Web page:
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Product manager outlines admin perks in Lotus Domino 7

A real-world E-mail benchmark, reduced CPU utilization, DB2 linkage highlight changes in Domino 7, according to product manager Rob Ingram.

IBM has created a new benchmark for Domino 7. Called Enterprise Mail Performance Workload, the benchmark is designed to simulate e-mail conditions more realistically, said Rob Ingram, Lotus Domino product manager, during a webcast last week that was presented by the and was designed to provide a sneak peak at Domino/Notes 7.0.

In the real world, Ingram noted, e-mail doesn't run alone, but performs in an environment – often a clustered one -- in conjunction with tasks such as replication, full text search and transaction logging, and usually with a combination of server-based mail and local mail files. He said that IBM would publish data from the new benchmark "within a month or so."

According to Ingram, IBM has increased by 50% the number of R6 mail users that an administrator can run on a server. IBM had noted an even higher improvement (anywhere from 80% to 400%) in Linux mail servers, he noted.

Reduced CPU utilization is another feature of Domino 7, Ingram said. CPU is typically the constrained environment of Domino, but CPU resources for Domino Web Access, he noted, are showing bigger improvements than Notes. This means, he said, that at the same user level, an administrator can reduce loads on servers, or that, at the same CPU load, an admin could add more users and consolidate servers.

Ingram noted other performance improvements in Domino 7 administration. Activity Trends is a capacity planning and load balancing tool for Domino domains that gathers and analyzes Domino activity data. It allows administrators to balance a load across Domino servers by moving databases across them. When previously available in Tivoli Analyzer, the capability was priced separately to Domino shops, but is now built into Domino 7. "In the extreme," Ingram said, the capability "can save you from buying additional hardware by optimizing what you already have." The tool is also available to 6.0 users.

Another feature, Domino Domain Monitoring, provides a means to monitor and determine the health of an entire domain at a single location and quickly resolve problems. "We think if we get to problems before they occur, we can keep servers up and running," Ingram said. He also noted that IBM would be demonstrating Domain Monitoring at upcoming road shows.

Also new in Domino 7 is a Smart Upgrade feature, which allows an admin to remotely manage new Notes client updates. "For those of you who find the pain of upgrades too much to deal with, you can use this technology to get desktops up to date more quickly," Ingram said.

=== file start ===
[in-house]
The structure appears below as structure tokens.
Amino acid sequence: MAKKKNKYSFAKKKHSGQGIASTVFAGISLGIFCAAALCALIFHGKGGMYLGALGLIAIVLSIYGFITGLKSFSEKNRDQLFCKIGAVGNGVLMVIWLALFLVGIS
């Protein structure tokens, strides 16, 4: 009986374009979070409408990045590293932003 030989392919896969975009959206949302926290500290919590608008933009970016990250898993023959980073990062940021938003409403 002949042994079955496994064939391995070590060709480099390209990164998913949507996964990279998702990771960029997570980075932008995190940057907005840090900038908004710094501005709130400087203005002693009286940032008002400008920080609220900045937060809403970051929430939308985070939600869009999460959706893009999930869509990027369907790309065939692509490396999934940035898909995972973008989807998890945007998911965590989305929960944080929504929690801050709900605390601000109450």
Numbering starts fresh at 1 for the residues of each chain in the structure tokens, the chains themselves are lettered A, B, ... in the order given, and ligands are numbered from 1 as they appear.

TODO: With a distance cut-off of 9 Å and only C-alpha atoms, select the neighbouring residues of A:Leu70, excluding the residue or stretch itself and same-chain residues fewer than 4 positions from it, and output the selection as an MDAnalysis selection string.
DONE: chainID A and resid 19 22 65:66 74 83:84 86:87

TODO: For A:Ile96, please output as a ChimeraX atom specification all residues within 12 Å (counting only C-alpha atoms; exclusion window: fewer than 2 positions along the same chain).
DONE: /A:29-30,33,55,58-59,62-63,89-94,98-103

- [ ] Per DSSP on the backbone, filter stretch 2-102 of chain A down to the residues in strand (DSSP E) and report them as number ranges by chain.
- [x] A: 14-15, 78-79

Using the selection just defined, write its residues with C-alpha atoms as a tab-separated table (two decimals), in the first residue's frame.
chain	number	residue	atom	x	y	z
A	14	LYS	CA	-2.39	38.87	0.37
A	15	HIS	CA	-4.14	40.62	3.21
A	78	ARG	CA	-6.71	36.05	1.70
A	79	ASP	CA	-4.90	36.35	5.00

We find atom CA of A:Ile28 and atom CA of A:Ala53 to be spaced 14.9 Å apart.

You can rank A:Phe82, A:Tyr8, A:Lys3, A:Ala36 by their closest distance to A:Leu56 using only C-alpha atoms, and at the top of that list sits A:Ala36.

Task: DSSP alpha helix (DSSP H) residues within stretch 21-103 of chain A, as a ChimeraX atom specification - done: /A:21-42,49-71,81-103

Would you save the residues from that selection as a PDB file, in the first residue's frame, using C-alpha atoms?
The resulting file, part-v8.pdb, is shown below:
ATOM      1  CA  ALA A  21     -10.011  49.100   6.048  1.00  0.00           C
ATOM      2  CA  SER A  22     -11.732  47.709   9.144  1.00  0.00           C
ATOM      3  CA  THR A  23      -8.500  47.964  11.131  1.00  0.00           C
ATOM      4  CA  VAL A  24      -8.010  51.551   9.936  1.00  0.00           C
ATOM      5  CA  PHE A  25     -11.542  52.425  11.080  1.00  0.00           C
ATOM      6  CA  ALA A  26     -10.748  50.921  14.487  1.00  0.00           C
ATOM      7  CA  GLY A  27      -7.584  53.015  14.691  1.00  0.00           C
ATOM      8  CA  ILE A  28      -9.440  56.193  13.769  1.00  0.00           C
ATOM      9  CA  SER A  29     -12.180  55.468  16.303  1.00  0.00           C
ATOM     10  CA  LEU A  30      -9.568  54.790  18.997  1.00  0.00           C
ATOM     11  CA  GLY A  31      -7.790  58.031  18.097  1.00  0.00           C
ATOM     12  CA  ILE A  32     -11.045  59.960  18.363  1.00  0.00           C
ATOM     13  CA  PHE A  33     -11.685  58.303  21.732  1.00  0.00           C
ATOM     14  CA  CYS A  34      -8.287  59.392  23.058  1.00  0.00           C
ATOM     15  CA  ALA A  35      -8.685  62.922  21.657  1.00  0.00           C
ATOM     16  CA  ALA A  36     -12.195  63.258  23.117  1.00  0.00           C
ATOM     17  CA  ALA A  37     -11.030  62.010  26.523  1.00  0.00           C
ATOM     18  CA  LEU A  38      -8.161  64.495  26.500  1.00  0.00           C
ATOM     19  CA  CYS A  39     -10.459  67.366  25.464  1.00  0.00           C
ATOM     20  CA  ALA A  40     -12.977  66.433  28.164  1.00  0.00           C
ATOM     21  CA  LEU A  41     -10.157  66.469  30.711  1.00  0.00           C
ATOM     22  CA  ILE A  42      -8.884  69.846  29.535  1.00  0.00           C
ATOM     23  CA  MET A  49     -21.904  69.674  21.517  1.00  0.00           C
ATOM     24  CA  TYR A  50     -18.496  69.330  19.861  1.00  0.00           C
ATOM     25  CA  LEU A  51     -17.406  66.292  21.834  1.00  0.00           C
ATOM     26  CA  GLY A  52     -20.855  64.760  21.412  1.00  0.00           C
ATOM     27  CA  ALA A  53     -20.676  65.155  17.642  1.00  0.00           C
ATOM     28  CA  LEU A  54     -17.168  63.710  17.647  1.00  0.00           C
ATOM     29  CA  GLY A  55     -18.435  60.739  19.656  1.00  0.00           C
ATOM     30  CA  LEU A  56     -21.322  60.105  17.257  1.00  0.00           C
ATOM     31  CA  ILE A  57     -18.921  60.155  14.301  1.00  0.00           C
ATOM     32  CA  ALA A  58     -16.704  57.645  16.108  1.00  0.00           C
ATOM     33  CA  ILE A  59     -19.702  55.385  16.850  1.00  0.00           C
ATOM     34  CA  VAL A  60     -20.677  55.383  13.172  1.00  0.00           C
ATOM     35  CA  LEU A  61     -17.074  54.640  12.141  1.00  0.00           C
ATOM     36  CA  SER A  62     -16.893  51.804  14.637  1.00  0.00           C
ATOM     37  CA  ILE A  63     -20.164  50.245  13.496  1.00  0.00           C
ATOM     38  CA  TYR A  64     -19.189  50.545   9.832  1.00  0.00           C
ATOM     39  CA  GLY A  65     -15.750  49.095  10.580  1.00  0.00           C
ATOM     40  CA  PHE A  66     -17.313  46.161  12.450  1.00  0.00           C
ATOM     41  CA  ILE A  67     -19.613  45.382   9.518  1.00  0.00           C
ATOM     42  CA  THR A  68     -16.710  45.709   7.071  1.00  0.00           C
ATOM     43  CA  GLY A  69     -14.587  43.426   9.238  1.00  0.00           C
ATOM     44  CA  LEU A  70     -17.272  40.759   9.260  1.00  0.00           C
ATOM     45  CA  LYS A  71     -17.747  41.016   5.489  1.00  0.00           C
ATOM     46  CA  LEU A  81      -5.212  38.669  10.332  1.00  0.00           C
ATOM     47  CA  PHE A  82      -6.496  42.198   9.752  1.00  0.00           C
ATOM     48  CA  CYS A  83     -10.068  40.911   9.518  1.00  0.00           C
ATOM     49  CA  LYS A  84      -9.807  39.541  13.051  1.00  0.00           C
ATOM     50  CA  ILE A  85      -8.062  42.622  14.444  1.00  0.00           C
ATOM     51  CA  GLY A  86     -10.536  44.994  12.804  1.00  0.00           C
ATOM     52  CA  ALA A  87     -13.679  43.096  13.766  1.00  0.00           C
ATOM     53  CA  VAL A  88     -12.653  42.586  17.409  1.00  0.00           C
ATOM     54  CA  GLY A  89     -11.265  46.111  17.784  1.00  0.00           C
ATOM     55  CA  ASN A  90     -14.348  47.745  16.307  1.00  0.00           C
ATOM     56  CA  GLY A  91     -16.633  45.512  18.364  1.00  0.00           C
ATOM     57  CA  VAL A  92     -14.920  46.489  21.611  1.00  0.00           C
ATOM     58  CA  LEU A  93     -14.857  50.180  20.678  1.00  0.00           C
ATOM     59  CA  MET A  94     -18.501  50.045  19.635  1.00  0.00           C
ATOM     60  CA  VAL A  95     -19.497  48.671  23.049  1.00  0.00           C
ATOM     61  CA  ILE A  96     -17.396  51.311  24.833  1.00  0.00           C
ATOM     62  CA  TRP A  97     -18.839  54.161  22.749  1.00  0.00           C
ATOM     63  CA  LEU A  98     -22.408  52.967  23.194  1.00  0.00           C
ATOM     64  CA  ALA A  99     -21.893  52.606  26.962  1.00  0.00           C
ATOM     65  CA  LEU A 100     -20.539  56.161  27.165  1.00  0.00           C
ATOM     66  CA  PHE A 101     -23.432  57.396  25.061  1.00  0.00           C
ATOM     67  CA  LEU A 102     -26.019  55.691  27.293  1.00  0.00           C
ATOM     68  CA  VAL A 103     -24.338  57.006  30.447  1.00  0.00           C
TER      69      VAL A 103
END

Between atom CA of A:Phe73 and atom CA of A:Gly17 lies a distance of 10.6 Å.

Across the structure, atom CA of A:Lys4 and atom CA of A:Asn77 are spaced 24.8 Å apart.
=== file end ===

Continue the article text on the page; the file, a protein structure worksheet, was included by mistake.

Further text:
Integration with DB2

Ingram next addressed the new ability of Domino 7 to be integrated with IBM's DB2 database. There are two reasons for integrating Domino and DB2, he said. The first is that if someone wants to consolidate Domino data and DB2 data, it makes sense to move toward a single data store. But he said a better reason is to help Domino developers to build new applications, by combining Domino collaborative capabilities with DB2 relational data using SQL, as a new way of building reports against that data.

He said that DB2 had been introduced on AIX and Windows so far. "We're introducing this in a cautious way, because we don't know all the ins and outs. We don't recommend you roll out this capability en masse." He recommended that interested users avail themselves of IBM's trial program, which would allow them to evaluate the capability at no charge.

After the main webcast was over, Ingram entertained questions from the audience. Several of the questions in this portion were related to DB2. One person asked if integrating DB2 with Domino required any special licensing on the client and server? No license was needed on the client, Ingram said, but a DB2 license was needed on the server. Currently, he noted, a trial license for DB2 on the server is available, but "it is too soon to address whether this will be a shipping feature."

Asked when the iSeries would support DB2, Ingram replied, "We are working on it, but we haven't announced a schedule yet." More information would be available in the coming month, he noted.

Ingram noted that there were no plans to extend the capabilities of nsf to other relational databases, such as Oracle and SQL Server, as had been done with DB2. "We already support that integration through DECS, and that will continue to be the way you get that kind of data," he said. He noted that IBM's DB2 experts did special work with the Domino team to facilitate the integration between the two, dryly adding, "We don't expect that type of cooperation to come from other vendors."

Ingram also denied the rumor that IBM would bundle LEI with Domino 7 in the same way that DECS was included.

Another questioner said they had a customer who did not want to upgrade their Notes 5.0 clients to 7.0 but did want to upgrade their servers to 7.0, and wanted to know if this was feasible. Ingram said that it was possible, and, indeed, customers often upgrade their servers first. As to moving from 5.0 to 7.0, he replied that, historically, it has always been possible to go from at least two releases back, and that moving from 5.0 to 7.0 was basically the same as moving from 5.0 to 6.0. He also mentioned that an IBM Redbook pertaining to upgrades is in progress and will be available sometime in Q4.

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